With another company being defeated at an employment tribunal, contractors have received a warning, if any was needed, that they need to pay close attention to their working practices in order to avoid IR35 risk.

The case in question was Gascoigne vs Addison Lee Ltd. Chris Gascoigne had been employed by Addison Lee Ltd as an “independent contractor”; however, Judge Joanna Wade ruled against the company, saying that Gascoigne was in fact a worker for the private hire company. This was despite the wording of Gascoigne’s contract.

This is just the latest in a string of cases in which workers in the so-called gig economy have successfully taken their employers to an employment tribunal and won their claim for employment rights.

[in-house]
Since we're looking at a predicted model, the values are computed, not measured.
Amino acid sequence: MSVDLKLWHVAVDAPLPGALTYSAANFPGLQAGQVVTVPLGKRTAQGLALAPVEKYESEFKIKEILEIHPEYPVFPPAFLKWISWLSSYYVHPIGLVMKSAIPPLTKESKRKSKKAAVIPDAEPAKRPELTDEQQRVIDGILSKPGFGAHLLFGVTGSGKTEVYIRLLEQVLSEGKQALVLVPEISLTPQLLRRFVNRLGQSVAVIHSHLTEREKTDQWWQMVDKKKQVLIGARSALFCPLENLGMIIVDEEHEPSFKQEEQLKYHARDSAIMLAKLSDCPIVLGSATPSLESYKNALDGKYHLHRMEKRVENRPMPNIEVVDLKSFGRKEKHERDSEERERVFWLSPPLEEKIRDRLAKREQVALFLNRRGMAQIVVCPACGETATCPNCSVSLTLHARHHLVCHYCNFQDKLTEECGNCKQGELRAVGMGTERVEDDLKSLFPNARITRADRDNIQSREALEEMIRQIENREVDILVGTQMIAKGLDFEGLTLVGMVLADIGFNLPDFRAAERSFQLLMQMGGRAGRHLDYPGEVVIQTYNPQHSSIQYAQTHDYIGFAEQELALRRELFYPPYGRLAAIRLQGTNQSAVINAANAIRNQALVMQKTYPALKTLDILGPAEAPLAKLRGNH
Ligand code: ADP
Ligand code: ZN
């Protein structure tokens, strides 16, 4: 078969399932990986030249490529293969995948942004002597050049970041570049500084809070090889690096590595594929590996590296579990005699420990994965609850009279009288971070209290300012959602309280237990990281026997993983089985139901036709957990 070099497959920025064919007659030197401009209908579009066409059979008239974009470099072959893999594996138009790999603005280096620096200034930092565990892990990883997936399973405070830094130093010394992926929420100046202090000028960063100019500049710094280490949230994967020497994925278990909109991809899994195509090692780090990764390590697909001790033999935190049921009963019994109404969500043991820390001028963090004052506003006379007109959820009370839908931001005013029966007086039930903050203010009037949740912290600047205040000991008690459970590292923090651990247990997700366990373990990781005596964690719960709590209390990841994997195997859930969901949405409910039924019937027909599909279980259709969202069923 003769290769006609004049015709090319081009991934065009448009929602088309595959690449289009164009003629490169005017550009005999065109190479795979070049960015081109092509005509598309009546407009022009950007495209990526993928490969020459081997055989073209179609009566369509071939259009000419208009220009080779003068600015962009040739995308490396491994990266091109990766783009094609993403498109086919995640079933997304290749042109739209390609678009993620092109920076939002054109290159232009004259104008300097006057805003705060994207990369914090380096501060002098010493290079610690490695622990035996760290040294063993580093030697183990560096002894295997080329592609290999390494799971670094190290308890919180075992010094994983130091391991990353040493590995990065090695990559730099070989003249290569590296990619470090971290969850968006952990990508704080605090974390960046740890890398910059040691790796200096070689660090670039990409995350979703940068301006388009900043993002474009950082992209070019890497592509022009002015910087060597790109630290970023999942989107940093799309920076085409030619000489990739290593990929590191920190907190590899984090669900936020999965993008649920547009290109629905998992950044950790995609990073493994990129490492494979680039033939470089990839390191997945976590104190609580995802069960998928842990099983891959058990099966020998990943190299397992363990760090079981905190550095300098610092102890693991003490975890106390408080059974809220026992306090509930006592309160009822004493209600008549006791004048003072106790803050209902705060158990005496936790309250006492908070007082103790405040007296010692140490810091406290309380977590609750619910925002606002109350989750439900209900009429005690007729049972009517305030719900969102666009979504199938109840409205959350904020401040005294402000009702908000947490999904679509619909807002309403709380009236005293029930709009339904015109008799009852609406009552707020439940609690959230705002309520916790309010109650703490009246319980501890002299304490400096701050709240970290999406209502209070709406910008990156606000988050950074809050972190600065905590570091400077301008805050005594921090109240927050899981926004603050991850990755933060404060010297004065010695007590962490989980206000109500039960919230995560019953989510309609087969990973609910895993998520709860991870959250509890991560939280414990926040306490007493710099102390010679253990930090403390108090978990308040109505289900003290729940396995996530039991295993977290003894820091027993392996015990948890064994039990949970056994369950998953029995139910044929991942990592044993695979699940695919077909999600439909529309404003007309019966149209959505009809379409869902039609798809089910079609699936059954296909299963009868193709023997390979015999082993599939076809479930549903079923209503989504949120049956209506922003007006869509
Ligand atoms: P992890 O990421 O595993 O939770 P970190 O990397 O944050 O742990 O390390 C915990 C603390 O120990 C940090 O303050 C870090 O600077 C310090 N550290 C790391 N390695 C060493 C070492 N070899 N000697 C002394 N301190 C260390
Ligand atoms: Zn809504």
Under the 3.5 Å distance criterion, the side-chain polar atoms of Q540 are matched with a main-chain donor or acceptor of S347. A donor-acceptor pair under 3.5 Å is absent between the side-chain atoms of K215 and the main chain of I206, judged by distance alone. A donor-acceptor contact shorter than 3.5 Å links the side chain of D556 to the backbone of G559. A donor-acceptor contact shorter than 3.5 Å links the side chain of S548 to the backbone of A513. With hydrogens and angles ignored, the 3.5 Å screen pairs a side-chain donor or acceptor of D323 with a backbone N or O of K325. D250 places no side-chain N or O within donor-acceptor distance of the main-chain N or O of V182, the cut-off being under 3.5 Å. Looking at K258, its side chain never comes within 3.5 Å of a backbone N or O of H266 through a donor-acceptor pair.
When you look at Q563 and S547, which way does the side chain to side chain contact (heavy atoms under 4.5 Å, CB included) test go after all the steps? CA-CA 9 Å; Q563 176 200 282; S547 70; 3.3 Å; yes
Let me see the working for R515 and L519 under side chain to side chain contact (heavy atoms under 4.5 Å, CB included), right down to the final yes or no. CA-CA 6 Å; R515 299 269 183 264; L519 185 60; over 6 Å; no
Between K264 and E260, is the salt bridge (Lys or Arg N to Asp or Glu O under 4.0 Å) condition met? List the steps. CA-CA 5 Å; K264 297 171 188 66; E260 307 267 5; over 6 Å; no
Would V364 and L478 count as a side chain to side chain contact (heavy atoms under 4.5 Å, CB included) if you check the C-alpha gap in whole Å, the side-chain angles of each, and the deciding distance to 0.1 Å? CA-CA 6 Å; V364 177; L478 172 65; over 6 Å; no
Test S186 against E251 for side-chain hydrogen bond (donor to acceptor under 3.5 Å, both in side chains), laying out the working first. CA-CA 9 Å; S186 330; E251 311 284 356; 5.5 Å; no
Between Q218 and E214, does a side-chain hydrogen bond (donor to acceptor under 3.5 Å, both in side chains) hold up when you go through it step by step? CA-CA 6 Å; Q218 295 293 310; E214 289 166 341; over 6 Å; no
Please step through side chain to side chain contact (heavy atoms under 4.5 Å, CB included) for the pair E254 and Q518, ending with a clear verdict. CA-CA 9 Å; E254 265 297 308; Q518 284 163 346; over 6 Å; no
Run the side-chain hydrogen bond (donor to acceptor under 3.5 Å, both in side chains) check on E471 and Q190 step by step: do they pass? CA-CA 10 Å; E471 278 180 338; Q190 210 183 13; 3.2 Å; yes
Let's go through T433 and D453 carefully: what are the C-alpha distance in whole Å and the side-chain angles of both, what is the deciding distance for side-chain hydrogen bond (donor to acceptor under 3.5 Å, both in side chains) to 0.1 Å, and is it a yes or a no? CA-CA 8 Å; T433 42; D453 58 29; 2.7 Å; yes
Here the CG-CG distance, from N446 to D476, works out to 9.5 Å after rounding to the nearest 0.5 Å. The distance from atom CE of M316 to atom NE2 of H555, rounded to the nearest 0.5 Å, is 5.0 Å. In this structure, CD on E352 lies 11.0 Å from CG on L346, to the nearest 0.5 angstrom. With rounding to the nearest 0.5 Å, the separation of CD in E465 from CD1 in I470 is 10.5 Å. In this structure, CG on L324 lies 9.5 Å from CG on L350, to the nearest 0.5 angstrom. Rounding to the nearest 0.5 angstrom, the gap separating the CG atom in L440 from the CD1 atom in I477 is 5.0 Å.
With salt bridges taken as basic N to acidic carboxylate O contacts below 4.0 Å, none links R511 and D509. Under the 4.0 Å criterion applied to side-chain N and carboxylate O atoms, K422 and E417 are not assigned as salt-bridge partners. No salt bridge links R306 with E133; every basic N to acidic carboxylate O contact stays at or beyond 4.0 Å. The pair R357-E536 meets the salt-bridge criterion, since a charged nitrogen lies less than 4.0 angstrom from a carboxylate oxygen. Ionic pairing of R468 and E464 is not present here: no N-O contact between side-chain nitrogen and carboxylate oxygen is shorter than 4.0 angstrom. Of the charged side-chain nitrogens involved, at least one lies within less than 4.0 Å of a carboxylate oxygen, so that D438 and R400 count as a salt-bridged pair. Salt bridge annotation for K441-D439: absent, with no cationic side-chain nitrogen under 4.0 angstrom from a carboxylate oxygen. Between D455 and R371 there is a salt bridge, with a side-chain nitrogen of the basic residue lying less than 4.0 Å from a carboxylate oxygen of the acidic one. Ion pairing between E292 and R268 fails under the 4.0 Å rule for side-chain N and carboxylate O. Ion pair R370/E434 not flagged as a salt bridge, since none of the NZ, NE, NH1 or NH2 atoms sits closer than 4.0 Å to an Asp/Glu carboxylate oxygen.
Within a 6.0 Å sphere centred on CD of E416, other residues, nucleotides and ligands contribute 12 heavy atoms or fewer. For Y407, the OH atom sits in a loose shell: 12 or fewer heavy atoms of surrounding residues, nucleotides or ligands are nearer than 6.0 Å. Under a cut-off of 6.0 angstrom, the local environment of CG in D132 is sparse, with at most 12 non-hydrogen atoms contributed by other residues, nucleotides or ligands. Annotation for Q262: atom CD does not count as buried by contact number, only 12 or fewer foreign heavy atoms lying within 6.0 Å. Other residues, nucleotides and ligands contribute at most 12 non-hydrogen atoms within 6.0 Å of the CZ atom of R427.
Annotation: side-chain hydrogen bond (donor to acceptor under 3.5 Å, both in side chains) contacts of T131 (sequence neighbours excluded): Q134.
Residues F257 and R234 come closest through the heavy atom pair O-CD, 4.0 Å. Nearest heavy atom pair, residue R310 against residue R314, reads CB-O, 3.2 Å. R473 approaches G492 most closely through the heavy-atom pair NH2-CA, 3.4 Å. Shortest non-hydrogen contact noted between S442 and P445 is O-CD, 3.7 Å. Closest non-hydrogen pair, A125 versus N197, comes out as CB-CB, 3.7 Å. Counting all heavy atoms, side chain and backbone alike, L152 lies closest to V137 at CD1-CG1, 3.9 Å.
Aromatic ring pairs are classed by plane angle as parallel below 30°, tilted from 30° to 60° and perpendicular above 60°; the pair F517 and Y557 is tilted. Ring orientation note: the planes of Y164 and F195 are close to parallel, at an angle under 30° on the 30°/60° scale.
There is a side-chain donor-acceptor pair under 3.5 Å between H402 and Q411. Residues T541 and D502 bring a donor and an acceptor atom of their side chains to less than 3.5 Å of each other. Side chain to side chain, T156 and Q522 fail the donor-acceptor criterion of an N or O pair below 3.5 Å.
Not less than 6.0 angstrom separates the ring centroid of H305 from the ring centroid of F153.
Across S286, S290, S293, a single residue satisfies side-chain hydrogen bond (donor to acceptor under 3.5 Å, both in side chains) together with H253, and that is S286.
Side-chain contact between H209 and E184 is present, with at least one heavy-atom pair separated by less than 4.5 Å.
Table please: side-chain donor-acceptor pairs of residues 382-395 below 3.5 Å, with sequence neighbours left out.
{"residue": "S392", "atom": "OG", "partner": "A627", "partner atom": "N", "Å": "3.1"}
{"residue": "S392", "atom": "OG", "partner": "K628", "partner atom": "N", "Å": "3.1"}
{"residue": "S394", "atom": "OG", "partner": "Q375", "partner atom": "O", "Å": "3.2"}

The same employment laws apply to IR35, so contractors should be aware that a contract alone is not a guarantee that they will not be caught by the IR35 rules. If contractors are not careful in ensuring that their working practices stay outside IR35, they could face a tax bill for thousands of pounds.

Gascoigne’s contract stated that there was no mutual obligation between the worker and employer, but the court disagreed. It found that if a job was available, both sides expected the worker to do that job, and a job could only be refused under exceptional circumstances. The full extent of control was rarely tested as workers were afraid of refusing work in case they were then blacklisted. However, the court considered that there was a significant amount of control and supervision, and in addition, Gascoigne was required to do the work himself with no substitution being allowed.